His story warmed our hearts and brought me to tears. I wish we could have done more. All he could do was cry and apologize when we gave him the things we could offer. He said he felt ashamed and didn’t do anything to deserve it. I just explained we’re all brothers and sisters. One day, when he sees someone struggling, I’d hope he’d do the same. His face still haunts my memory. For each day of our trip that remained, we decided to take him things to help him out, blankets to keep warm, as he was sleeping outside on cold nights, hygiene products, pants and socks – he only owned shorts and half-socks (i.e. they only covered half of his feet), lots fruits and food that could keep without refrigeration like sardines, crackers, etc. Jim-Jim was writing a book in French when we came upon him. It was titled “Annoying Others” or something like that. I hope he keeps telling his story and let it be a companion that he takes along with him. He embarked on a dangerous and very long journey, to go to a country and culture that he didn’t know at all. In Western and developed cultures, we call these kind of people transplants, expats, backpackers etc. Jim-Jim felt like he was looked at as less than a mosquito. A parasitic insect, with the sole purpose of taking resources from others and invading their personal space. Of course the issues of immigration are really sensitive and really complex. I know Jim-Jim will continue living as an invisible person within the boundaries of Italy and he has been paid and will continue to be paid next to nothing to work for the next farmer that offers him a physically tough and difficult job. I know I couldn’t do a lot, so I chose to just try to show some compassion.

I want to be make sure I teach my son daily to never take his life from granted and never look down on anyone. I really want him to treat every walk of life with love and respect. I have no idea what it’s like to see genocide, bombings and raping, etc., right before my eyes. For this and much more, I have so much to be thankful and grateful for.

One day maybe I’ll see Jim-Jim’s story on the big screen or in a book, I have hope in my heart that he’ll find safety and normalcy some day.

How have you all been? Are things in your lives crazy this time of year as well?

How My Hair Teaches Me To Love

This summer while on vacation in Boston I had my hair professionally styled. Actually, I had it flat ironed twice (yikes).  The first time, I went to a stylist, I’d gone to as a child. He took his time, used low heat, and left me with lots of volume. . I really loved the fullness and body my hair had after he finished styling it.

I wanted to surprise my husband and let him see my hair straight. So, before returning home, I went to my sister’s stylist, who I’d been to many times in the past, when my hair was relaxed. Unfortunately, my experience wasn’t as positive as the first time. She was a little rough detangling, used high heat to blow dry and straighten my hair, took two passes each time she flat-ironed it (gasp)! I nervously squirmed around in the chair and asked her if my curls would return (my passive way of suggesting that she was using too much heat). She assured me it would as my hair is not flat ironed often and does not hold the memory of being styled straight, so thus should revert easily.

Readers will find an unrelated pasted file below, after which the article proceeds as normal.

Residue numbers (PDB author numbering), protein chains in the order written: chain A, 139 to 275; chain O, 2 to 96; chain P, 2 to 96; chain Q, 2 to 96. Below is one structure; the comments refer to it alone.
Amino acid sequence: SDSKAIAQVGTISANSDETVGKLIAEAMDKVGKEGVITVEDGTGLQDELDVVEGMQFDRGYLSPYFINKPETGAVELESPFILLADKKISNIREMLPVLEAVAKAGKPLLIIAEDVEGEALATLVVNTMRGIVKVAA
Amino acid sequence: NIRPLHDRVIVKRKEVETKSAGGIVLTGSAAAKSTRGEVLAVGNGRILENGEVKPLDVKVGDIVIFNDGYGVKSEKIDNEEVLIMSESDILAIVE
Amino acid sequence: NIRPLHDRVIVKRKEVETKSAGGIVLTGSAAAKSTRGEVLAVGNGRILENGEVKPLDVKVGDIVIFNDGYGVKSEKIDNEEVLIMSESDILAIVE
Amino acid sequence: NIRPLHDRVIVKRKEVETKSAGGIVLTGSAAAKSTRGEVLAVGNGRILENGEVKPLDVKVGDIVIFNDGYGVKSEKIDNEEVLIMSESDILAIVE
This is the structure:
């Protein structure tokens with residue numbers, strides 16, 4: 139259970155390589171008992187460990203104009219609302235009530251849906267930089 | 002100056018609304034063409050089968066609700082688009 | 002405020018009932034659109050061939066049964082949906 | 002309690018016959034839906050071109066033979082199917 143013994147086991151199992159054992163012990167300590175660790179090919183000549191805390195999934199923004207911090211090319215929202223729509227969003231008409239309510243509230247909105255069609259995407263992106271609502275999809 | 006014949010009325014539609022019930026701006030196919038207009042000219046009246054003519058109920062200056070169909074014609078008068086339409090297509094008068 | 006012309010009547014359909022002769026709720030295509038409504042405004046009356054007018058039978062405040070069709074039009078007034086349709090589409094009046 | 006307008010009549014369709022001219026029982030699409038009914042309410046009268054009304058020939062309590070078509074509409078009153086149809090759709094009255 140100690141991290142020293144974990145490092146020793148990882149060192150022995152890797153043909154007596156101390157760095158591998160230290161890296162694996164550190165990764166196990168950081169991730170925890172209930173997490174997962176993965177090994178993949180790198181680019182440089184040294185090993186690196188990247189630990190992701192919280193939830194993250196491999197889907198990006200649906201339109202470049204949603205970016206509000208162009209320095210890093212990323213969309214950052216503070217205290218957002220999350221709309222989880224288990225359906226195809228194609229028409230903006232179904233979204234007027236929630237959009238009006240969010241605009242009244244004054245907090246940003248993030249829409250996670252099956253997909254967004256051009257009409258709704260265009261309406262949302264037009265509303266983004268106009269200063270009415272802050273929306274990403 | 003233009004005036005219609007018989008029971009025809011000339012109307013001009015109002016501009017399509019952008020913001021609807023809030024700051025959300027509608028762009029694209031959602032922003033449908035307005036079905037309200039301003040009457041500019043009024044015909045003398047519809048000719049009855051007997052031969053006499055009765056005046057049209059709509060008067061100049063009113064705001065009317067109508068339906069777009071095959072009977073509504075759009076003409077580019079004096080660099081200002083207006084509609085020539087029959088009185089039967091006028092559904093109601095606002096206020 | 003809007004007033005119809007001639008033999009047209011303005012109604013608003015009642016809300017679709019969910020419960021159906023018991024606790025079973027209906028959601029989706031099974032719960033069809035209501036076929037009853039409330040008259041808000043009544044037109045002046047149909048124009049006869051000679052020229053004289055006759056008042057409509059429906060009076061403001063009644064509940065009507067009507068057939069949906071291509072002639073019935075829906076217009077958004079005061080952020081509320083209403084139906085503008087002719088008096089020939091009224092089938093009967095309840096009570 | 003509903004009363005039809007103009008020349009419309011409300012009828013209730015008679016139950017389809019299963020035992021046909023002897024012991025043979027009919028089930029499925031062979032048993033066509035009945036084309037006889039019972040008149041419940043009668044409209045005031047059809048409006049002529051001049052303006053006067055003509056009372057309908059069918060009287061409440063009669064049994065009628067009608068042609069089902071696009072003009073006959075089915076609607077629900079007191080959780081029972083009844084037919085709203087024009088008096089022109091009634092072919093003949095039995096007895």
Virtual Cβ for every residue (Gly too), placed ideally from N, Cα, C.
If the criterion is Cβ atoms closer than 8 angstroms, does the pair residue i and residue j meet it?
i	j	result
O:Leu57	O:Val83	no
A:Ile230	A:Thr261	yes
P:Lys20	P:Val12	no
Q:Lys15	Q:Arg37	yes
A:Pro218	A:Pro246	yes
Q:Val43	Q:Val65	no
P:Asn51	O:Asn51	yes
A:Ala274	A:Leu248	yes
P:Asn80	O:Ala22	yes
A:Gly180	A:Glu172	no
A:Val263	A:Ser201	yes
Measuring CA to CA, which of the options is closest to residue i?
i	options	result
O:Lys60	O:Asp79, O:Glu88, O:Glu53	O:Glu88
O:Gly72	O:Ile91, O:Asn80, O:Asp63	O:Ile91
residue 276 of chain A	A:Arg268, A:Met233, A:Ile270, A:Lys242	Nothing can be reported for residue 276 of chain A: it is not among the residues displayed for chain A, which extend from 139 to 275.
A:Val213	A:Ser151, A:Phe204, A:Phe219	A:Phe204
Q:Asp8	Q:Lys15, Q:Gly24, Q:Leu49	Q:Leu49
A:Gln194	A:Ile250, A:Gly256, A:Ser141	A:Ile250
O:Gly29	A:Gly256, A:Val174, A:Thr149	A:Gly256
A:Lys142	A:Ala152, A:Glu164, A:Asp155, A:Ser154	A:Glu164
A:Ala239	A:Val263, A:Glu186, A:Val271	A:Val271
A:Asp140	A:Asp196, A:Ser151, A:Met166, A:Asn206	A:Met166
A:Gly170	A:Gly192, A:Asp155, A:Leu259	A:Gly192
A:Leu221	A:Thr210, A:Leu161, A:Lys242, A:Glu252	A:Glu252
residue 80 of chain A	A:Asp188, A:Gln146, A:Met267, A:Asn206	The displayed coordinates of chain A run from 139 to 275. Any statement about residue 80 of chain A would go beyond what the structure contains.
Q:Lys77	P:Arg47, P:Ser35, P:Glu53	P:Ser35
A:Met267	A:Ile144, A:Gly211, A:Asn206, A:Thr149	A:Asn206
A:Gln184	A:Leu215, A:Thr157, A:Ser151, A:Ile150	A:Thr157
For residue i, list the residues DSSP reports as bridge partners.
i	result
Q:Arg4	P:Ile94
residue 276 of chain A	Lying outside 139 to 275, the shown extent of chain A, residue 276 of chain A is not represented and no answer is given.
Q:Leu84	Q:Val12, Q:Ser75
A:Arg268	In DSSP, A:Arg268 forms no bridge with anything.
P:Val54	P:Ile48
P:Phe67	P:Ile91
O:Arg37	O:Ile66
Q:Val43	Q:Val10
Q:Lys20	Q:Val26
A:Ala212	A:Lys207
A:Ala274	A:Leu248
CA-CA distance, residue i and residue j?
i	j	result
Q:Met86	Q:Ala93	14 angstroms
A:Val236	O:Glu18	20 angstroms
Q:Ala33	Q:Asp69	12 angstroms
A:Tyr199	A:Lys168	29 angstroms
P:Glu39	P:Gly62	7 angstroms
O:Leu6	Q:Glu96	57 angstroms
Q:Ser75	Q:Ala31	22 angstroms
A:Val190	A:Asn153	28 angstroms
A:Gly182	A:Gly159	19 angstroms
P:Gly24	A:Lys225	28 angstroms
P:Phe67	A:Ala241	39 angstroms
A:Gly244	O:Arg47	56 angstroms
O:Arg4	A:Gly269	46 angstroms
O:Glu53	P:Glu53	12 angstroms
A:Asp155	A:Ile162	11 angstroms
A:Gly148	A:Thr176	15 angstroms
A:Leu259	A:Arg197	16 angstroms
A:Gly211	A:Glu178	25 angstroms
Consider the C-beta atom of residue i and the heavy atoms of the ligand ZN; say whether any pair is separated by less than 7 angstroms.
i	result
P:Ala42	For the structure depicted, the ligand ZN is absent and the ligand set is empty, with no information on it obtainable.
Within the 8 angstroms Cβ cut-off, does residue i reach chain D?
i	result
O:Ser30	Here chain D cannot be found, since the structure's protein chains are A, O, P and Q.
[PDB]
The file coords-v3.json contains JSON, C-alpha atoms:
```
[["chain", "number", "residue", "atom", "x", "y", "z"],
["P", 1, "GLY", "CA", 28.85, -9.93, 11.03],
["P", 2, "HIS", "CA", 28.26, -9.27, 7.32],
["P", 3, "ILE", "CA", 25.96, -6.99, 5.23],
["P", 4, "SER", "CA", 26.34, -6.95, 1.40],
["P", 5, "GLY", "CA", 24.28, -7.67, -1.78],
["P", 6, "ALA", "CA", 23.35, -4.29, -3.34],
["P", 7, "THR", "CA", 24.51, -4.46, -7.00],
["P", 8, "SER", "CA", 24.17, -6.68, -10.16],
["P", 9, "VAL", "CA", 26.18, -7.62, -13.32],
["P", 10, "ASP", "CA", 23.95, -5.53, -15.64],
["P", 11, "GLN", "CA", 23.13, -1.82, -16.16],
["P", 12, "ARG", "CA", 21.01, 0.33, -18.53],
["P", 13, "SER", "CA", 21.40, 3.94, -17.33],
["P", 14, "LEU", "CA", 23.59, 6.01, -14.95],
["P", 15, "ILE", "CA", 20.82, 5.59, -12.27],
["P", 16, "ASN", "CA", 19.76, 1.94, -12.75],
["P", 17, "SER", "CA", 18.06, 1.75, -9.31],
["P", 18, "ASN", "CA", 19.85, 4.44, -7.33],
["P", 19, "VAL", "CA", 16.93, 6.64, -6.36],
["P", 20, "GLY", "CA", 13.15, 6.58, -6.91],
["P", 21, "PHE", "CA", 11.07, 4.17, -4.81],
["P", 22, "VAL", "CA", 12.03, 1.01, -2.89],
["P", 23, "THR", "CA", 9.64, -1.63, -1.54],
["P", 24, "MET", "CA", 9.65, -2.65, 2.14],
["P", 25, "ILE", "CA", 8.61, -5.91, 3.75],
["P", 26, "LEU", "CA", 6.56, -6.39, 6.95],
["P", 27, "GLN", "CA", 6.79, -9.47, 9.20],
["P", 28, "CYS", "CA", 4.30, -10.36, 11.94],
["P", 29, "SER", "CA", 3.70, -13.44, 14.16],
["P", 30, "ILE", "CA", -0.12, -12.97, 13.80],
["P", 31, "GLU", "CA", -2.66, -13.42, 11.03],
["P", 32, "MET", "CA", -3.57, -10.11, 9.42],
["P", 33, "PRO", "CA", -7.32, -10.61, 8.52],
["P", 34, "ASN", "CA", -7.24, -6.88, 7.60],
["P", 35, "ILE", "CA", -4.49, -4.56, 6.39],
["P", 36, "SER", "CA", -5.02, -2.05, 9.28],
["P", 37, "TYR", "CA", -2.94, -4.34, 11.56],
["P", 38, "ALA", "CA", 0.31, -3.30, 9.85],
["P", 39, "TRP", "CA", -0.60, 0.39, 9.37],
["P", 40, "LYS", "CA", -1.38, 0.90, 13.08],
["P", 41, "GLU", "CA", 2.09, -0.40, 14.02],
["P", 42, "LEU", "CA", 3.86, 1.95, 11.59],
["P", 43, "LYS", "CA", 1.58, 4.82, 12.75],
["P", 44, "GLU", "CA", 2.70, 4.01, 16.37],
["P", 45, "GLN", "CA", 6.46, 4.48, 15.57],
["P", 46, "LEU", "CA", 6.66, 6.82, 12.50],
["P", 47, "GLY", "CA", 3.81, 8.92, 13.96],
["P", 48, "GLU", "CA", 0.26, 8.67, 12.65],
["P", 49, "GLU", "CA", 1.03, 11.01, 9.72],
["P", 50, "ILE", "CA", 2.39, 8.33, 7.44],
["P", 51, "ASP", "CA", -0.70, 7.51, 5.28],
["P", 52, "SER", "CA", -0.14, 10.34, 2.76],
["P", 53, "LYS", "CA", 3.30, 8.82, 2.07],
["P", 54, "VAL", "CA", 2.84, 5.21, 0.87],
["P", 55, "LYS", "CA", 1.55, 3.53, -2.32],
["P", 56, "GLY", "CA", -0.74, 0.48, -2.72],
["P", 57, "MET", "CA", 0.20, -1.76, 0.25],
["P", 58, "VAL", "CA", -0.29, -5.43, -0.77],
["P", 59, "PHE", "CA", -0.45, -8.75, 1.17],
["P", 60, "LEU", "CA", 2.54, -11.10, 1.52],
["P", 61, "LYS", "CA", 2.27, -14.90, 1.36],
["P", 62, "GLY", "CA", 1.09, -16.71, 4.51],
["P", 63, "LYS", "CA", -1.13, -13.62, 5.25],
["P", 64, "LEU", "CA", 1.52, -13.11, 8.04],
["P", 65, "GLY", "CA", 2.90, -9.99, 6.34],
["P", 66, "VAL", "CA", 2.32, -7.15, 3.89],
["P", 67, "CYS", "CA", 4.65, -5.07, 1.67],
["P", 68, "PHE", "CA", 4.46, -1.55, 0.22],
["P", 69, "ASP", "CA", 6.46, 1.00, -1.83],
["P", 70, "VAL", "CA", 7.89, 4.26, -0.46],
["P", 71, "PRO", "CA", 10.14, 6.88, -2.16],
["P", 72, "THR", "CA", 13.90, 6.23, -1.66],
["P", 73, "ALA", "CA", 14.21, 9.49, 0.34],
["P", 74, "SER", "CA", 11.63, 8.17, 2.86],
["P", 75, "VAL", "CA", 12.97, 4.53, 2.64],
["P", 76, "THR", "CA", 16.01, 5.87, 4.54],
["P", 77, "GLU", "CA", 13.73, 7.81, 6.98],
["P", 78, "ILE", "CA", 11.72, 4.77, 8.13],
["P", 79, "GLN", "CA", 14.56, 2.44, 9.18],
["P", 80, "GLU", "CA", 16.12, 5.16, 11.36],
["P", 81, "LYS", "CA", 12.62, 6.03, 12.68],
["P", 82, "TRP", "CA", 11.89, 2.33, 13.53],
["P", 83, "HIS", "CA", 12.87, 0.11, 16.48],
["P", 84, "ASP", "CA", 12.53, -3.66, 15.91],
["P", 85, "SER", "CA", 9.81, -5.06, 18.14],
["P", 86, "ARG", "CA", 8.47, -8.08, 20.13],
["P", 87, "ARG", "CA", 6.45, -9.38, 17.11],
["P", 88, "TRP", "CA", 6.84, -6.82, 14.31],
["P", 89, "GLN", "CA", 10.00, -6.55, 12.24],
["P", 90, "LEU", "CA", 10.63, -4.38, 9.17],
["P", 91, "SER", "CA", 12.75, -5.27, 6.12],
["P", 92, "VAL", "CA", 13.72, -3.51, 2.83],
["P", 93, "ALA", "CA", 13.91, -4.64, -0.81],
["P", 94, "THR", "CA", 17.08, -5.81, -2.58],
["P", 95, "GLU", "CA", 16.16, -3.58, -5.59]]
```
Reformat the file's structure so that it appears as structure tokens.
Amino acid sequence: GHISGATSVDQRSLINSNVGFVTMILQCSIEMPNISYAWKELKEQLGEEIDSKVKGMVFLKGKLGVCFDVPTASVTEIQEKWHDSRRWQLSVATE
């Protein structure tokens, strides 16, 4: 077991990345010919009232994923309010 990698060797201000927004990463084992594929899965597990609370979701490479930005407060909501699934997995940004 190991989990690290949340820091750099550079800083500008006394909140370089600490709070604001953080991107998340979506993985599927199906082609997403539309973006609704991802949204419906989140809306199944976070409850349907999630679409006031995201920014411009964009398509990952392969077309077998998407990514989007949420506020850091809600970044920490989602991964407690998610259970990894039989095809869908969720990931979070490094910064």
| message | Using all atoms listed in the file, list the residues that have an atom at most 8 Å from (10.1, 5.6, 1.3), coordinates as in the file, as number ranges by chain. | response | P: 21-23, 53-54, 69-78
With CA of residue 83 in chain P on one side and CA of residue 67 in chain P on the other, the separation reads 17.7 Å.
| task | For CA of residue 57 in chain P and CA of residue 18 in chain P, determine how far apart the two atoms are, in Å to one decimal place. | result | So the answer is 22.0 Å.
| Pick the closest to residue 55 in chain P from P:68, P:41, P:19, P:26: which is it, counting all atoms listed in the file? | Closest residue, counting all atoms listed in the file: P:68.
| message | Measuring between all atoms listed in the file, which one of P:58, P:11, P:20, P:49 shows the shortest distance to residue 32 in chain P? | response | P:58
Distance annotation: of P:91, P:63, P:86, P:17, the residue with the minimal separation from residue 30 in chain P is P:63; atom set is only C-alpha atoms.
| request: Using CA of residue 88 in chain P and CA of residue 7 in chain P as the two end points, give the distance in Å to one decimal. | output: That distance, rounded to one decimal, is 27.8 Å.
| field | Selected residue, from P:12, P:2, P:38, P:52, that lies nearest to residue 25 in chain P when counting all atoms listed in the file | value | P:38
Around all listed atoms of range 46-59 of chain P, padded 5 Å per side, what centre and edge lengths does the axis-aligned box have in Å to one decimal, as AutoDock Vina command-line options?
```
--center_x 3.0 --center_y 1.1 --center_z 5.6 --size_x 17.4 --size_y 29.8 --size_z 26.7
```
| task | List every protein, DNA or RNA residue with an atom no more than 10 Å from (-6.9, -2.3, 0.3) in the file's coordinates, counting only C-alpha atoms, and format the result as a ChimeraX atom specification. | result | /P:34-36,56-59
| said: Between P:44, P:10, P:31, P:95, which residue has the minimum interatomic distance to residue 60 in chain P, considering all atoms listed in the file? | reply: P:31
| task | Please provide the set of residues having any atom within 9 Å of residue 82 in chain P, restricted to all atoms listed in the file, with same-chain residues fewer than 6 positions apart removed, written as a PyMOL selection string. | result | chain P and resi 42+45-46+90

When I came home with my hair straight, I got loads of compliments. I admit it, I enjoyed the attention, as well as the ease of styling my straight hair. I started getting used to seeing myself with straight hair. So when wash day came around I started using curl formers to stretch my hair. The other day, while pulling my hair up into a bun, I noticed it felt and looked rather dry and lackluster.

I decided to stop forcing my hair to do what it doesn’t do naturally and embrace my curls again. My going natural is a continual journey and learning experience. It’s not just about hair, but also about love and acceptance. I want to accept myself, every aspect, and love the skin I am in. It’s so easy to point out what one doesn’t have or what one would like to improve upon and rarely praise the positive things we possess. This shouldn’t be confused with bragging or boasting, but truly being okay with who I am, flaws and all.

I’m back to my curls this week and I’m going to be giving my hair lots of TLC. This is not to say I’ll never flat-iron my hair again, but I don’t plan on it anytime soon. And next time I’m uncomfortable in a stylists chair, I’ll be sure to be vocal and state my apprehensions (this should apply to most matters in life).

On another note, the other day, I was at the pediatrician’s office and she commented that my son was really cool and laid-back. She had just returned from vacation and said he was such a nice baby to see upon returning from her holiday, because of his temperament. Then she went on to say that it must be due to his parents. I told her I wasn’t sure about that. She turned to me and asked, “why is it that when someone says something about a child being bratty, impatient or anything negative, the parents, usually moms, take full responsibility about what they might have done wrong? However, when it’s about something positive, rarely do we claim to take part.” You know what, she’s right? It’s so easy, for people, and I have the feeling, women especially, to internalize a lot of negative events and take the blame. Why not claim good?